You do not need to do everything yourself: An IT company can combine Suomi.fi Messages with its own products
The free Suomi.fi Messages service maintained by the Digital and Population Data Services Agency provides a solution for communications between the authorities, citizens and companies. By incorporating Suomi.fi Messages, a thoroughly tested messaging component, into their own products, IT companies can generate added value for their customers in public administration requiring watertight information security.
A thoroughly tested communications channel
More than 250 organisations, including the Finnish Tax Administration, Traficom and municipalities, now use the digital Suomi.fi Messages service created by the Digital and Population Data Services Agency (formerly known as the Population Register Centre). Applications, information requests, decisions and notifications are sent via Suomi.fi Messages. A number of government agencies have made Suomi.fi Messages into a two-way platform in which citizens and companies registered as service users can both send messages and answers to them.
Smooth services, lower messaging costs
Triplan Oy is an IT company developing and marketing case and document management systems for municipalities and other public-administration actors. Triplan has integrated its systems into Suomi.fi Messages. Mikko Laine, the company’s Product Manager, organised a small-scale feedback survey to gauge the service experiences of Triplan’s customers. According to the responses, the customers value the speed and strong information security of the electronic Suomi.fi Messages service, and traceability of the messages sent via the channel. One of the municipal customers also mentioned the commissioning support provided by the state as a positive factor.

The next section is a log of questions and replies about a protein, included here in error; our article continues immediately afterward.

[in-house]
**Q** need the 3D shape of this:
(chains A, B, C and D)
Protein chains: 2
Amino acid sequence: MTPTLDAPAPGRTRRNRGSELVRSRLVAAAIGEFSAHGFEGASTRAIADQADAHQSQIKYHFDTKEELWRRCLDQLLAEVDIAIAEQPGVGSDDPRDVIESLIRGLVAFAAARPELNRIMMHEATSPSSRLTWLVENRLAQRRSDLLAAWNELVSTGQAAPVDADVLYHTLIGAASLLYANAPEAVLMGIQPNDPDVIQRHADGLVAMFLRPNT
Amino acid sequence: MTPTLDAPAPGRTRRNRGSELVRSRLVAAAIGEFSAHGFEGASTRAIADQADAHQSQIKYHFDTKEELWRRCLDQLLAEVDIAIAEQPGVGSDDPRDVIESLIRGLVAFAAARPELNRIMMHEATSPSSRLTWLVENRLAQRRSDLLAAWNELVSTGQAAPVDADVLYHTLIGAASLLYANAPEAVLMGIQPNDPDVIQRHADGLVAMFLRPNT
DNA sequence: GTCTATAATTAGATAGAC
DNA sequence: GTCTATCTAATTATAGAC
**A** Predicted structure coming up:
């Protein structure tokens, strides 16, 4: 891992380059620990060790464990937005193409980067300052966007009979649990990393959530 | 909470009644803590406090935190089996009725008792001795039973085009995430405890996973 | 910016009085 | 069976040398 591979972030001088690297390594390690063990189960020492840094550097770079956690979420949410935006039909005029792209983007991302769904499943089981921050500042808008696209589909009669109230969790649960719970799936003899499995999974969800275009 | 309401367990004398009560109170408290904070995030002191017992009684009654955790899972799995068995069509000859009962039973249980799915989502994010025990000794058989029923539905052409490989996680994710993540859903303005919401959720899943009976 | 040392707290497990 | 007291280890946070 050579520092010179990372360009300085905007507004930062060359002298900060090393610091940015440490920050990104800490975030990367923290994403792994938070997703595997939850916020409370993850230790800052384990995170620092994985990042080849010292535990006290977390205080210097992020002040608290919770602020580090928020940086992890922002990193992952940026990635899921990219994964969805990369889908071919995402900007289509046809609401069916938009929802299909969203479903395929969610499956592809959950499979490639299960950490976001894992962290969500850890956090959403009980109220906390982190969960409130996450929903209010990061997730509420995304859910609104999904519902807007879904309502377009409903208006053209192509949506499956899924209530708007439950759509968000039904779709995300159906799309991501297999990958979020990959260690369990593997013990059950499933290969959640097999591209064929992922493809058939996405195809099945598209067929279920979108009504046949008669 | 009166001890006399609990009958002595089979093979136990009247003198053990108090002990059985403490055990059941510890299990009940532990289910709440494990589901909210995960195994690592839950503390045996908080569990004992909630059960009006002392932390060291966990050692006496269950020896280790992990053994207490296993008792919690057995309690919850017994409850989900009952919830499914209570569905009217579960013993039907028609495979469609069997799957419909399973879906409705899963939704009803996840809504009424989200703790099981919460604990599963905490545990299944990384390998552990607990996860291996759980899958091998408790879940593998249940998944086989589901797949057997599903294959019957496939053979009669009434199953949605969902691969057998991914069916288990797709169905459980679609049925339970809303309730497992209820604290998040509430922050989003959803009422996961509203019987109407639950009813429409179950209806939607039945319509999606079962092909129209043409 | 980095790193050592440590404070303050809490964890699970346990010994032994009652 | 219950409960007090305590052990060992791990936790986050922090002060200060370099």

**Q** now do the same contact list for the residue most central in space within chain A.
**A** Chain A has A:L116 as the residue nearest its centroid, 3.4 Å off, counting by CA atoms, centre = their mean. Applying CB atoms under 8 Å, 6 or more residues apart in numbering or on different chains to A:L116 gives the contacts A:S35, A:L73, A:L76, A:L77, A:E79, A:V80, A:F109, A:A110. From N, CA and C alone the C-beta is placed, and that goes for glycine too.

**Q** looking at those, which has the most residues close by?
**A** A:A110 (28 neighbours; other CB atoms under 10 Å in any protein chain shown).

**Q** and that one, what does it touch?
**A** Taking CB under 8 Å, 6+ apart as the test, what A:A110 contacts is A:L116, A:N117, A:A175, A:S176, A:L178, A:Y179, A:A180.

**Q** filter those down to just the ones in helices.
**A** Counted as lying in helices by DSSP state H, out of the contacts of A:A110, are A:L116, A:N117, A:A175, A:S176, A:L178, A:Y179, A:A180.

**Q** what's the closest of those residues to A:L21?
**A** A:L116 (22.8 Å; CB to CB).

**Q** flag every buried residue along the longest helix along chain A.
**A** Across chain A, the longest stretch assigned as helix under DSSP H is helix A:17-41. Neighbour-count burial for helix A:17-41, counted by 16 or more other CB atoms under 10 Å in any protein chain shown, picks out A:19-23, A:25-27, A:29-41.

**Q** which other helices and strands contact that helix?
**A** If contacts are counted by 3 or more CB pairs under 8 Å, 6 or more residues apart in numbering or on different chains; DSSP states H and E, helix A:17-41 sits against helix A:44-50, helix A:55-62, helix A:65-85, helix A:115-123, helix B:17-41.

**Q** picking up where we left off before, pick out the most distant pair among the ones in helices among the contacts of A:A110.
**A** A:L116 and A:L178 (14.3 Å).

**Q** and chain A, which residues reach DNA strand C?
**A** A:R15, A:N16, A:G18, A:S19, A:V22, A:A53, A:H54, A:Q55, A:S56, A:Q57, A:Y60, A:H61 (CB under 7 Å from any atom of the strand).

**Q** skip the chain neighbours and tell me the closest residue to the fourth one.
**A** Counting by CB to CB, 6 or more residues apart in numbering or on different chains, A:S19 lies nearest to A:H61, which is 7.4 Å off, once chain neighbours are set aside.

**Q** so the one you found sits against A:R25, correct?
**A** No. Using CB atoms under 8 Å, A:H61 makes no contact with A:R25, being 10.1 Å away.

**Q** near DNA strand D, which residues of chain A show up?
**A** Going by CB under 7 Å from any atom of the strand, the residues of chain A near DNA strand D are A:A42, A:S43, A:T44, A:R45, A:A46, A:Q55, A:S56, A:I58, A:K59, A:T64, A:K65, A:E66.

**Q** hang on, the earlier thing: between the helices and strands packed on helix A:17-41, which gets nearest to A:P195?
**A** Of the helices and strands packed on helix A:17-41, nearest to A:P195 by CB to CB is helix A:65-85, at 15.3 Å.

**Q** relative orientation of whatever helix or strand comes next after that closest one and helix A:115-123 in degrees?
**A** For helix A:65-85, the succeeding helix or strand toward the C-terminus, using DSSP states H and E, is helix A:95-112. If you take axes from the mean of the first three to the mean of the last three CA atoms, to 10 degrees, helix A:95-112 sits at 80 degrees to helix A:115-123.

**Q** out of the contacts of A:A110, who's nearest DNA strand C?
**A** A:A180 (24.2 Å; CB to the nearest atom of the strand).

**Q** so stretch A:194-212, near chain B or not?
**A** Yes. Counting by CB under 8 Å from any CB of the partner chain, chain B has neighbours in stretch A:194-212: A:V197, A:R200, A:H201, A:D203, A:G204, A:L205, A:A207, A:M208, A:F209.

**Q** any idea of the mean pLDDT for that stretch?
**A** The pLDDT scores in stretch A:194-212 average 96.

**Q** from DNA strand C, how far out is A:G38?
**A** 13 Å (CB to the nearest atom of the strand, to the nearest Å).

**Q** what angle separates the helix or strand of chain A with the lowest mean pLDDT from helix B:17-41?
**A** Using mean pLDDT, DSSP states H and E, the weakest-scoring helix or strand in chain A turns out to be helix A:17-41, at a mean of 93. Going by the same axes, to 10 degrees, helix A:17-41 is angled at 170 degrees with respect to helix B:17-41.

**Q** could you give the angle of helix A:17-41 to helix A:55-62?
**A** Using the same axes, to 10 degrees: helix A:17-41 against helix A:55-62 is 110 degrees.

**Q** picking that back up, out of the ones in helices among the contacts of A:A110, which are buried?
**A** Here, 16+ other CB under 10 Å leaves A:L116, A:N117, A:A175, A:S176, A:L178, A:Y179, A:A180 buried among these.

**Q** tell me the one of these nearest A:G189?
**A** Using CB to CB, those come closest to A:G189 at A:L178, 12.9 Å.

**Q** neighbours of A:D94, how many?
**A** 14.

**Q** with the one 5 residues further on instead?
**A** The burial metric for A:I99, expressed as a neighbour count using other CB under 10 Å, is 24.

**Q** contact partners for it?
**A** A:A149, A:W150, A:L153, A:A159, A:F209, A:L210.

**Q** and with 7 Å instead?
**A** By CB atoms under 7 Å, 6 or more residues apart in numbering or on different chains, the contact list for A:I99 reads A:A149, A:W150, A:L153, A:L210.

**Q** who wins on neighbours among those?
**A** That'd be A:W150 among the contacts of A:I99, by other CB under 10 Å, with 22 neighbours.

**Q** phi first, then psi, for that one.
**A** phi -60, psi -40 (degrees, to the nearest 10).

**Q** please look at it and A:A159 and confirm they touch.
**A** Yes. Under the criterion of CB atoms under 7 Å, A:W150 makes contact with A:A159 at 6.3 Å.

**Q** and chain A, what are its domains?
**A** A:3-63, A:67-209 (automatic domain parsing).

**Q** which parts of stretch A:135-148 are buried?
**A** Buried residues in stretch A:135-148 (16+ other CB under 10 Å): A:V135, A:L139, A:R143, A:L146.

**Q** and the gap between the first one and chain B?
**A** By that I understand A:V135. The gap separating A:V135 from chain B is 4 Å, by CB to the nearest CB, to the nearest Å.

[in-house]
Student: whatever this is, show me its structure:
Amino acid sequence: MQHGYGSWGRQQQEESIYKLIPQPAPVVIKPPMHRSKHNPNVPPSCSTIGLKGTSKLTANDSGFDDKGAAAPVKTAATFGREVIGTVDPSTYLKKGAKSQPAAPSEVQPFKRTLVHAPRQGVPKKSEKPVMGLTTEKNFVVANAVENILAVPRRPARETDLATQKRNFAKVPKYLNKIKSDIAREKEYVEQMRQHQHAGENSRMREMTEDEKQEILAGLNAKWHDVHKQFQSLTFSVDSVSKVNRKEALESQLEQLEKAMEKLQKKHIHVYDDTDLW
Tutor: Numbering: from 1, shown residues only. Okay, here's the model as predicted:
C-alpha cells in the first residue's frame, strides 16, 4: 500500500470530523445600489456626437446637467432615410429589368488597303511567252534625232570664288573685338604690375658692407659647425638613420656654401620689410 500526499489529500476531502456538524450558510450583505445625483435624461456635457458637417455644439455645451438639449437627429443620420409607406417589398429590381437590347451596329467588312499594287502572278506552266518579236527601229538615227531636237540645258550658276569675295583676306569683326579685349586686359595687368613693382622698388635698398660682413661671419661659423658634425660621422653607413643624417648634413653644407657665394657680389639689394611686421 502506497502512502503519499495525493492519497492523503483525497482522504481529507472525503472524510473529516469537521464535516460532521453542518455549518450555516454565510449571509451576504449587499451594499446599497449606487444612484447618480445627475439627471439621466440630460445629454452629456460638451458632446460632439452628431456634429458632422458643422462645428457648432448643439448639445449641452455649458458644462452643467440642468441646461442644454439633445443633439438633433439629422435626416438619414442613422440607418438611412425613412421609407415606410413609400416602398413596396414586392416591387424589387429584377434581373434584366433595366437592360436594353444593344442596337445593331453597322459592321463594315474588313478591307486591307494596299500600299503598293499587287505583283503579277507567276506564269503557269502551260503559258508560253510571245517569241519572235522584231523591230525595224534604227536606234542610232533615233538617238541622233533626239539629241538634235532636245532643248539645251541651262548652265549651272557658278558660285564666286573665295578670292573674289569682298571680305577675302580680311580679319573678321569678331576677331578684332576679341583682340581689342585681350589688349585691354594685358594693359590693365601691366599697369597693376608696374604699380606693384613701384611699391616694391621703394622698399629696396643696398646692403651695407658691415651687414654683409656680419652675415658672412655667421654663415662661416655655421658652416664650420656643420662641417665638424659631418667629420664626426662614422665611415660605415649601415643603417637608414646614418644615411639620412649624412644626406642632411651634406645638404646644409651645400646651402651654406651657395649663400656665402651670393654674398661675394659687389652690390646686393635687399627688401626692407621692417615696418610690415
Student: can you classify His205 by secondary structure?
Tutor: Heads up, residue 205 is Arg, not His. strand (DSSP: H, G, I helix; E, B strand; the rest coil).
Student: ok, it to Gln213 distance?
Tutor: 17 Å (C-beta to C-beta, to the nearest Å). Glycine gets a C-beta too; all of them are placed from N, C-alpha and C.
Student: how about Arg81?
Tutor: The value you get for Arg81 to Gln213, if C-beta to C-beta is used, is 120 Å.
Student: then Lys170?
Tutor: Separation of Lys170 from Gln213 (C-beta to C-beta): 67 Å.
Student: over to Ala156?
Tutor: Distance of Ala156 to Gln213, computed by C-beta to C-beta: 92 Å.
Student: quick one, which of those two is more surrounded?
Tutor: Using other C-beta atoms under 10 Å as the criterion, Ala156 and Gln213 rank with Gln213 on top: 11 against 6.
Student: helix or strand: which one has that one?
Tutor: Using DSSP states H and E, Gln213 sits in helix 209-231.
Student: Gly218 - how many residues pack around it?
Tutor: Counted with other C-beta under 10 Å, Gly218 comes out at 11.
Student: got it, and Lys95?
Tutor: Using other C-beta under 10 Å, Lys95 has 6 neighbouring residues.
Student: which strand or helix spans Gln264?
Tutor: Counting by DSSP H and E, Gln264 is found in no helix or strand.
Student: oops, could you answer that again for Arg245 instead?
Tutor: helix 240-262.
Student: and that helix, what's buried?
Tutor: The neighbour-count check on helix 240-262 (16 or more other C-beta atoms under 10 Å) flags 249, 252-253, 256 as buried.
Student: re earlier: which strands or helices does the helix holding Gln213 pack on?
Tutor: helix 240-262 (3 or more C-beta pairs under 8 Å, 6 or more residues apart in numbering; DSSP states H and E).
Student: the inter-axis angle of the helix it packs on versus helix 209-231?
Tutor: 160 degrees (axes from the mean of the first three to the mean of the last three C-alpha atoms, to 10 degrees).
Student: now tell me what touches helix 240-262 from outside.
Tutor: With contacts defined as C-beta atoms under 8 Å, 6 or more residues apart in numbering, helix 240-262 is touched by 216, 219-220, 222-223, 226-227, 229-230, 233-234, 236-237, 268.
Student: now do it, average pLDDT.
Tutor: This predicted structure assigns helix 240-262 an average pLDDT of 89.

Hannu Korkeala from the Digital and Population Data Services Agency, who has been closely involved in the development of the Suomi.fi Messages service, adds the cost savings (less paper mail) and the option of acting on behalf of another party to the list of benefits. He also points out that the users are not bound by time constraints or tied to specific end devices: “Recipients can open electronic messages whenever and wherever they want.”
Commissioning involves several parties
Integration into Suomi.fi Messages is not an overnight process as all parties must be prepared for a technical dialogue, analysis and coordination of interfaces that may last weeks. “However, the Digital and Population Data Services Agency provided us with extensive support and good documentation,” Mikko Laine notes.
When talking about development and enlargement issues, Mikko Laine would like to see more registered end users for Suomi.fi Messages. He suggests that incentives might sometimes be a good idea: “If there were more organisations using the service, it could also expand more quickly. That would definitely create more savings for our customers.”
Laine also makes a second proposal: “The exchange of messages in our systems is largely on the basis of traditional documents. I suggest that instead of sending pdf documents, users should opt for smart forms supporting functionality. These would provide an opportunity to enrich and deepen integration.” In fact, according to Hannu Korkeala, contents of external documents can be securely transmitted in the Suomi.fi Messages service using the Post form function: “This has been welcomed by our customers, especially in the healthcare and social welfare sector.”
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